Is TopShop killing fashion?

The following comment on this post at The Sartorialist got me wondering…is TopShop really killing fashion?

Suzanne Nelson said…
‘Re: eveyone who comments individual style is a rare thing in London – sadly they are right. Chain stores and ‘the high street’ – the main street in every town that nowadays has the same selection of stores pushing low budget designer rip-offs – is killing individual style in Britain. London for the most part has become one huge high street in terms of it’s choice of stores. Blame TopShop…’

A few months ago I might have said the same. Friends of mine who ran successful independent shops throughout the nineties then floundered through the early noughties when TopShop found its groove, admit the competition from the high street became all too much. Where once the high street consumer was very different to the discriminating customer who shopped at Start or Browns Focus, now the lines have blurred. The reason? The high street suddenly became very good at producing a high fashion look on a shoestring, making the independent designer seem vastly overpriced. But the blame can’t be placed squarely at the door of 216 Oxford Street. For starters, magazines like Grazia have their part to play by introducing high fashion to the masses and making us more fashion-aware than ever. Ten years ago, would the average girl in the high street know what a Chanel 2.55 was? Or a bandage dress, or a harem pant? Probably not. The media has introduced high fashion to a mainstream market and as a result, we’ve all become more knowledgable and discerning. On the flipside, the success of TopShop meant that it became cool for a high-end shopper to clock a fantastic find in TopShop and show how savvy she was. Same with Primark. But when everyone’s doing it, sadly it’s not all that clever any more. So what does a shopper do when she can’t buy designer cos the Look and Heat readers have muscled in on her precious labels? And she can’t do high street because everyone’s there as well? Oh, she shops vintage. But hang on, that’s in TopShop too, and everything new these days is based on vintage anyway, so that rules that out. Well, what about jumbling it all together – a bit of on-trend designer-derivative high street, a bit of under-the-radar designer, a natty vintage scarf, an American Apparel tee or two, some beat-up Converse from forever ago, all topped off with a classic Chanel 2.55. Surely that looks original? Um, not when the likes of Alexa Chung and Daisy Lowe have trademarked the look, no.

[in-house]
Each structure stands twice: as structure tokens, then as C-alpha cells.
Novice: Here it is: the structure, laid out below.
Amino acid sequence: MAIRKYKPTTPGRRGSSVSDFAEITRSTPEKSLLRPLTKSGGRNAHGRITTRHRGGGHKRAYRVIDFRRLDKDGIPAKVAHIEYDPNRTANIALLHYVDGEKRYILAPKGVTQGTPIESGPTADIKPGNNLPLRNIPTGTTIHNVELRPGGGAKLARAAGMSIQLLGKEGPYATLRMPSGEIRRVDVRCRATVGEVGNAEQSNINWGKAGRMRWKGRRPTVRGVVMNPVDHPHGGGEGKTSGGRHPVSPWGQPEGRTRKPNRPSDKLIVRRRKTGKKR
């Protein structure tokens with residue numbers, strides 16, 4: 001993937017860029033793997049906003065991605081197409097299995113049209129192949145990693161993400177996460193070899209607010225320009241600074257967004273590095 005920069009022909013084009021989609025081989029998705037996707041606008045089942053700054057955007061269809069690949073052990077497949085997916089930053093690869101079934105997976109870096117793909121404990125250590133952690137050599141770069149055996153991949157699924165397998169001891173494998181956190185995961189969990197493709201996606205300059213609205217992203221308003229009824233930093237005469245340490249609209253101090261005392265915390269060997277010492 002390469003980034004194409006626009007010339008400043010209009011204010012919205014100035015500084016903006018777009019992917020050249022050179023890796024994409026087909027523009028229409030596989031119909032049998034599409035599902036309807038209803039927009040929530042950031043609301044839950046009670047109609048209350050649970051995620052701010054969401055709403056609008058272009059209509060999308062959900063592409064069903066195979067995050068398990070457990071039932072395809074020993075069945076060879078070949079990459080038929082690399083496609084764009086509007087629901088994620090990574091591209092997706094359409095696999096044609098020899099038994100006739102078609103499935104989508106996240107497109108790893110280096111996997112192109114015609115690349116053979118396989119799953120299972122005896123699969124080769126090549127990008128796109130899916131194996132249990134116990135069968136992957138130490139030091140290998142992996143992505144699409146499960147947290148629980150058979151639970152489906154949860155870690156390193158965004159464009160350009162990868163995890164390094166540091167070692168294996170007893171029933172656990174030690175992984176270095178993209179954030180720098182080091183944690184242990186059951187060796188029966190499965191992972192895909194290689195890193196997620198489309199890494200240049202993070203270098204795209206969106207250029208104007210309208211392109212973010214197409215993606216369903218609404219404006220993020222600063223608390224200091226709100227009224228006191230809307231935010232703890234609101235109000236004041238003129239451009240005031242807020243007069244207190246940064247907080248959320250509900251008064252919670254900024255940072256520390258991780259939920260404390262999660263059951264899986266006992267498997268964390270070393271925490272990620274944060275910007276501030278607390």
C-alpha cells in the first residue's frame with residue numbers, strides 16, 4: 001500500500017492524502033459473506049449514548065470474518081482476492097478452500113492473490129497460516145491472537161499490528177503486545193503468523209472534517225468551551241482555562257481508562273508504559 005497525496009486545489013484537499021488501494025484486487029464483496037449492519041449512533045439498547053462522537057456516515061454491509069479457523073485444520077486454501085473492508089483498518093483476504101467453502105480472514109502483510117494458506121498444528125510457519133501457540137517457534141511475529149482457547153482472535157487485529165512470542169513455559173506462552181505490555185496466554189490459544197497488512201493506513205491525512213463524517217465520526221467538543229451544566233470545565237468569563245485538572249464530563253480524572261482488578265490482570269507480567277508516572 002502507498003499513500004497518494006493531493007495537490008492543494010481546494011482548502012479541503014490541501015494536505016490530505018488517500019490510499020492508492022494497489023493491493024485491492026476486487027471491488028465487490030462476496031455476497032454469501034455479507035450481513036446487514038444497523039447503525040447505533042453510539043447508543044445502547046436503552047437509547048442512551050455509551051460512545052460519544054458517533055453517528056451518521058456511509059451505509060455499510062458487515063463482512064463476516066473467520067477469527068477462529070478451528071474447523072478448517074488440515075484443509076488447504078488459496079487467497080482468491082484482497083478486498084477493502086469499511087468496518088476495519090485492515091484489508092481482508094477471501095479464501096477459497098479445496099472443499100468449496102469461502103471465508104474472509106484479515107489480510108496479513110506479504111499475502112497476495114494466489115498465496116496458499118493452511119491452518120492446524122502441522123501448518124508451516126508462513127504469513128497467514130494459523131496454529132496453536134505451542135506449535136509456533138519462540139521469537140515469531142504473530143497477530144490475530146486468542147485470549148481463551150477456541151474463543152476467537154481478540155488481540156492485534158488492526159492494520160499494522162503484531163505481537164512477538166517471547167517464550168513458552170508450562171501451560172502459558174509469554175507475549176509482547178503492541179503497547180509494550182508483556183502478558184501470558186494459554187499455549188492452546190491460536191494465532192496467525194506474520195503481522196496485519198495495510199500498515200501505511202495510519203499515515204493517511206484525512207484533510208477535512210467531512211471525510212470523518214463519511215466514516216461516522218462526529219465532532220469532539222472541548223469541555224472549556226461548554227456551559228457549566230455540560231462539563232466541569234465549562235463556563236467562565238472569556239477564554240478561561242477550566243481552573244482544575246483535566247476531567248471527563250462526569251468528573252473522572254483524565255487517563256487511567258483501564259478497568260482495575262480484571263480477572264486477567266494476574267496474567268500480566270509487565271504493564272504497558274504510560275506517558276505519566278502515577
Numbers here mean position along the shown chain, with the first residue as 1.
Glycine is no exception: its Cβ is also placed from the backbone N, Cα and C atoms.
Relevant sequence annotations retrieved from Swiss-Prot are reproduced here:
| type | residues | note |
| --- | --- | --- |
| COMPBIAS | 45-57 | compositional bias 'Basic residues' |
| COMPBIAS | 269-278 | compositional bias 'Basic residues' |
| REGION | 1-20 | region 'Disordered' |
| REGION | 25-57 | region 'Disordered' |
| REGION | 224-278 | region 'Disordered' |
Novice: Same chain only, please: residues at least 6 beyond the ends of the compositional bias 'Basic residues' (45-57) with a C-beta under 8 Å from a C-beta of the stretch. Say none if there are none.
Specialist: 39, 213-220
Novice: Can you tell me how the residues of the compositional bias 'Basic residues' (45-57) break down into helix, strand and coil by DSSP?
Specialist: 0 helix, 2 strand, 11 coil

The ‘problem’ is, fashion is all around us, all the time. When designers show their collections, they’re on the internet in a jiffy and disected in detail on blogs like this. So no wonder everyone is tapping into the same looks before they’re even in the shops – when we’re all responding to the same stimuli it’s pretty inevitable. But it’s rather rich to blame TopShop for doing their job and giving us what we seem to want, they are a business after all. Fashion is for everyone and it’s a bit sniffy to complain that it’s too easily available – no one has more right to it than others. Agreed, this all-too-ready availability does make it more of a challenge to stand out but all that’s needed is to think a little more outside the box and be even more creative when it comes to styling. After all, surely that’s the fun part of fashion?